Next time

Stay true to your own voice, and don’t worry about needing to be liked or what anybody else thinks. Keep your eyes on your own paper Laura Dern

I decided quite a long time ago that when it came to creatively expressing myself, regardless of what medium it would be in, I had to do it for me. To do it for anybody else other than yourself is an invitation to disaster and disappointment. I’ve discussed this before.

And if you think I’m going to go into a fucking rant, you’re damn right I’m going to go into a rant. You can stop reading right now or watch the train wreck I’m about to create.

Now, with my first draft for the second novel slowly moving closer towards completion, I will have to deal with the concept of talking about it. I don’t have a problem with talking about it once the book becomes a tangible physical object. I’ll engage in a discourse with anyone who has read the book and is willing to have a thoughtful discussion about it. Key word being thoughtful. It doesn’t need any further clarification than that.

But what I was/wasn’t anticipating was reading an excerpt of what I had written so far to members of the writing group I belong to. This I should clarify. While I have no problem reading an excerpt, what I do have a problem with is people making assumptions about my characters without understanding or knowing what led up to the scene I was reading. I think there’s a term for this — psychoanalysis. And I’m referring to the making assumptions part.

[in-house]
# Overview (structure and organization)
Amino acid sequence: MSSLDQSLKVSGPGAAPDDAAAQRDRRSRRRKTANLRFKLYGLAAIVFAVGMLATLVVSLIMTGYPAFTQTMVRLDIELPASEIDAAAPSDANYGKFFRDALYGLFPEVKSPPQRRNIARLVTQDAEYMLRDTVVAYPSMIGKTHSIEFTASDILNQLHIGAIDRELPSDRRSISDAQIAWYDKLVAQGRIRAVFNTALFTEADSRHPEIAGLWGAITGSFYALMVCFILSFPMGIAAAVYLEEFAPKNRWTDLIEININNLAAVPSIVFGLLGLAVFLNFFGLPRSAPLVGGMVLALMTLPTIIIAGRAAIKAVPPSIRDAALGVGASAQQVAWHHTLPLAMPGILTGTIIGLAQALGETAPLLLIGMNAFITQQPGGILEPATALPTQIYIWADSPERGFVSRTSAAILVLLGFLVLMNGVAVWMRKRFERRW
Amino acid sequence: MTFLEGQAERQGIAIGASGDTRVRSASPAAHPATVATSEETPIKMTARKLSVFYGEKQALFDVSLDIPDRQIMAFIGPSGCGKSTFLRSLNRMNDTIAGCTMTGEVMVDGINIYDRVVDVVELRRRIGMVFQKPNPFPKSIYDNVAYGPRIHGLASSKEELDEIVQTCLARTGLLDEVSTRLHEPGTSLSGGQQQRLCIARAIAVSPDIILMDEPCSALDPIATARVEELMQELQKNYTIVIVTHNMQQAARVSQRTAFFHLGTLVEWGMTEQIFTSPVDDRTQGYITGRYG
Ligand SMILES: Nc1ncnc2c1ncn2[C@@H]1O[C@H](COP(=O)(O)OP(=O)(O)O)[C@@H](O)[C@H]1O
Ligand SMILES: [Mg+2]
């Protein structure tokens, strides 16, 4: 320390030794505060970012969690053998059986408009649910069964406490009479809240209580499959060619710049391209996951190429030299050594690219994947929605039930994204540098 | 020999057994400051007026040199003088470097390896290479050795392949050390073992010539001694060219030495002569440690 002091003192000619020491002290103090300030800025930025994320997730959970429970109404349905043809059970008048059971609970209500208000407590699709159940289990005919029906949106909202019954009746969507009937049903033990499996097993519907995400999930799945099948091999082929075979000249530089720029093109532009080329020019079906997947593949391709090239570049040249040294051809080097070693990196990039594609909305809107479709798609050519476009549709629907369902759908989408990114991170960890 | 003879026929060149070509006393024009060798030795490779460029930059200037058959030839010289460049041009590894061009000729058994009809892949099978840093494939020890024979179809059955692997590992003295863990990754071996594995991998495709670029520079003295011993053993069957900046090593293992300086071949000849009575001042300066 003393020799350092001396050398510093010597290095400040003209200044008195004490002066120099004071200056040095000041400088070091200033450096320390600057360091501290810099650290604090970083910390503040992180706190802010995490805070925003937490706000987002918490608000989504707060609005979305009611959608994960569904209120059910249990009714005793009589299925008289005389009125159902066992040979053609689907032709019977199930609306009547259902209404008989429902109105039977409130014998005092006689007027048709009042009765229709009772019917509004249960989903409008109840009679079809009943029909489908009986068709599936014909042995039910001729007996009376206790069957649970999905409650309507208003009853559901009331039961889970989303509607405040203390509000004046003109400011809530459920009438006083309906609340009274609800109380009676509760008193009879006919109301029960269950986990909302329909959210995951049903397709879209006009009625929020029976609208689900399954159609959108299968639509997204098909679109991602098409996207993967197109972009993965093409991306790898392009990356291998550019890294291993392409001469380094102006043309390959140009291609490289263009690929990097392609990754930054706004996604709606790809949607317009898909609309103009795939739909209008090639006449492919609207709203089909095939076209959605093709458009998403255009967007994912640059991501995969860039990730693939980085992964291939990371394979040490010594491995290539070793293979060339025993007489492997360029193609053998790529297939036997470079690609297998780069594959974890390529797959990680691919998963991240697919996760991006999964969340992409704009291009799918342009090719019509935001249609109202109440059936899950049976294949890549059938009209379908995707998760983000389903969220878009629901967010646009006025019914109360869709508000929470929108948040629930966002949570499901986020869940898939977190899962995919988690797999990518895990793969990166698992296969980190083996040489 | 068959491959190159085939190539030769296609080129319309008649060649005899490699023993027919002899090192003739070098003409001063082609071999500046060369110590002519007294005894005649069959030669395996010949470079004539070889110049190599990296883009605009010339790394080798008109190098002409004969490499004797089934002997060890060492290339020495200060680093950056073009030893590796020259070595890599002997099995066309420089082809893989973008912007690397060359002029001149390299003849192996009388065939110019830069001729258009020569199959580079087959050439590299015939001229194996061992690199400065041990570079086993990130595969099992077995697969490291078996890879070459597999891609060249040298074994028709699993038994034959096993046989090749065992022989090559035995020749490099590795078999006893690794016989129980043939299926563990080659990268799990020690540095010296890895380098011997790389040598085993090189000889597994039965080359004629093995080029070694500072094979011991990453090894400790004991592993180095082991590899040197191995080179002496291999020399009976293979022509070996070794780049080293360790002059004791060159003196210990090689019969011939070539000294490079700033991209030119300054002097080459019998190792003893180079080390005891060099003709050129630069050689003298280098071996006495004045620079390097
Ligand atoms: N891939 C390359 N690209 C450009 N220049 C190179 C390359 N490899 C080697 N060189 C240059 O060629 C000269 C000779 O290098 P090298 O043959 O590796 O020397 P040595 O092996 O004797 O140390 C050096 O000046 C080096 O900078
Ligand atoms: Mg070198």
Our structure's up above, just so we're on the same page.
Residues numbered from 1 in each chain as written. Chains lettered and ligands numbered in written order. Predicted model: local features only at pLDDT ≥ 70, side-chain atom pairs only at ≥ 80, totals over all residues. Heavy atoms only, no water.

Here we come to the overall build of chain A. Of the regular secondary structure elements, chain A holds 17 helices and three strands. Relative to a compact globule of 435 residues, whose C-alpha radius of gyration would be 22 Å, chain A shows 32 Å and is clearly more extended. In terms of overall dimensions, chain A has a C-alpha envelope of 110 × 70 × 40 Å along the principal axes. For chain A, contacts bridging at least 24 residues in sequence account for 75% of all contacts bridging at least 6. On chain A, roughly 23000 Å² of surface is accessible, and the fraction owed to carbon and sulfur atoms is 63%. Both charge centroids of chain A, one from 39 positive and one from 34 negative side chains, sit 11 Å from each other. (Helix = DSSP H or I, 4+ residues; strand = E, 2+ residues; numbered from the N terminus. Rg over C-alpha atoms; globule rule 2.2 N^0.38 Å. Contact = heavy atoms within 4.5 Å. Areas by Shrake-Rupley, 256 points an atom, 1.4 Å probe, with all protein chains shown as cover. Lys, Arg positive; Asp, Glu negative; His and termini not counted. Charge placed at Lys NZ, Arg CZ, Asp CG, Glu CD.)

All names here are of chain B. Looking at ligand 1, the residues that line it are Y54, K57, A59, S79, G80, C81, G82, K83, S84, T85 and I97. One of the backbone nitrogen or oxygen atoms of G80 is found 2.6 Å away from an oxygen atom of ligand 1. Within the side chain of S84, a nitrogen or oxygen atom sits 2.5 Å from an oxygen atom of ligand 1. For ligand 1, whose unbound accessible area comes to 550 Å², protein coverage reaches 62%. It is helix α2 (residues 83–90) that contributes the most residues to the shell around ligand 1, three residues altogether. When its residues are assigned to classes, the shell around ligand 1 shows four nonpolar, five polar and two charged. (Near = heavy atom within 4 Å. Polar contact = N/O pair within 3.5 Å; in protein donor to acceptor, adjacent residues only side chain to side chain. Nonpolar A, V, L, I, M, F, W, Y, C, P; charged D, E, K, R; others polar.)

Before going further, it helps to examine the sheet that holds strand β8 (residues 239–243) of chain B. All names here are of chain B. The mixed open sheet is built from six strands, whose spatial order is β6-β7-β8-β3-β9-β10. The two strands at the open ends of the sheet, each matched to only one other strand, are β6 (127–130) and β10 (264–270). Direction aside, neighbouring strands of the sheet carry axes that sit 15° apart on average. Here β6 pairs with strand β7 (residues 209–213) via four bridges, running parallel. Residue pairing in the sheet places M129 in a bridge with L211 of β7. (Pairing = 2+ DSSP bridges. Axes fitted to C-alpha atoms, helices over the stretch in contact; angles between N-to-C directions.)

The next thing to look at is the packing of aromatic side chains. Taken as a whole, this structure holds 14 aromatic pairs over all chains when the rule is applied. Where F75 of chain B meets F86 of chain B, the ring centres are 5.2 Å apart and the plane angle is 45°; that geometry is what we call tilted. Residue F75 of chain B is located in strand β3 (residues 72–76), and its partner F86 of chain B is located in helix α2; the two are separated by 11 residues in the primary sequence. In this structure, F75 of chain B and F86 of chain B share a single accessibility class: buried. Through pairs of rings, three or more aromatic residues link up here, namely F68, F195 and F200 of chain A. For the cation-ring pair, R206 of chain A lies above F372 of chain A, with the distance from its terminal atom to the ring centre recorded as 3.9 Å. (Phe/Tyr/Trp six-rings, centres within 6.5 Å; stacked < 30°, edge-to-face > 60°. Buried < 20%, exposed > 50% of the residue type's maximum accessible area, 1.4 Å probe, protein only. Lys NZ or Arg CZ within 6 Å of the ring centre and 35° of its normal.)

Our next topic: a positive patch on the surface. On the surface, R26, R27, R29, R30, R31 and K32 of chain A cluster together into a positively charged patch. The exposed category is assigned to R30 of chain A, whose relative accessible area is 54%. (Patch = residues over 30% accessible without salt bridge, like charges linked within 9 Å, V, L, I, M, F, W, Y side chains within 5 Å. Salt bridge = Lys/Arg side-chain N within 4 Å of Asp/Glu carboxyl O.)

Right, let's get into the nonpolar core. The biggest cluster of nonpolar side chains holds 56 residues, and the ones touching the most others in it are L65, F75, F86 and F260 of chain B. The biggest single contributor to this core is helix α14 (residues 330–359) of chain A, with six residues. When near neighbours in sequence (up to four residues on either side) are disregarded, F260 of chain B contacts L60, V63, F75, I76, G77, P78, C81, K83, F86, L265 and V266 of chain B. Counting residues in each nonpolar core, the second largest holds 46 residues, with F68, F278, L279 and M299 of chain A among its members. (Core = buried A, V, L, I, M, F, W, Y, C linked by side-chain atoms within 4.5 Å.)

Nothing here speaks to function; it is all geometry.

Here. Let me try to explain without giving anything away about the storyline.

I read an excerpt/part of a scene that will be somewhere in the middle of the novel once it’s completed, to the group. After reading as far as I wanted to go, I got some reaction to it. It was all fine and dandy until one of them started psychoanalyzing one of my characters. I cannot tell you what scene I read because that would be considered a spoiler. I suppose you could consider the scene a bit incendiary. The problem with psychoanalyzing my character based on that one scene alone is that you don’t know everything that occurred before it. Not all the pieces are there.

And since I’m terrible at summarizing what the fuck is going on because I really don’t want to give everything away, this person came up with her own ideas about why this character behaved this way.

It really fucking frosts my lizard to hear her pull uninformed nonsense out of the air when she clearly doesn’t have all the details. Why not just listen to the excerpt and accept it for what it is — a moment in my character’s life and listen to how I strung a bunch of words together to make for (what I hope is) a compelling scene.

I did not ask anyone to psychoanalyze my characters. But if you’re going to do that, then please wait for the book to be published so you can read it before you tell expound your theories onto me.

Did I want to punch her? No, not really. But I did want to lose my shit. Instead, I tried to be nice about her uninformed and unwanted psychoanalysis of my character (one of my boys) and told her I would have to explain what happened before this particular scene.

Unfortunately, I did have to offer up one spoiler because I felt forced to protect my boy. She even misconstrued the end result from that. Yeah, I was this close to losing my shit.

So, the group now knows one of the major plot points in the story. It irritates me to reveal one of the cards I’m holding in my hand. But I do take solace in the fact that while they know one of my plot points, they don’t know the exact details.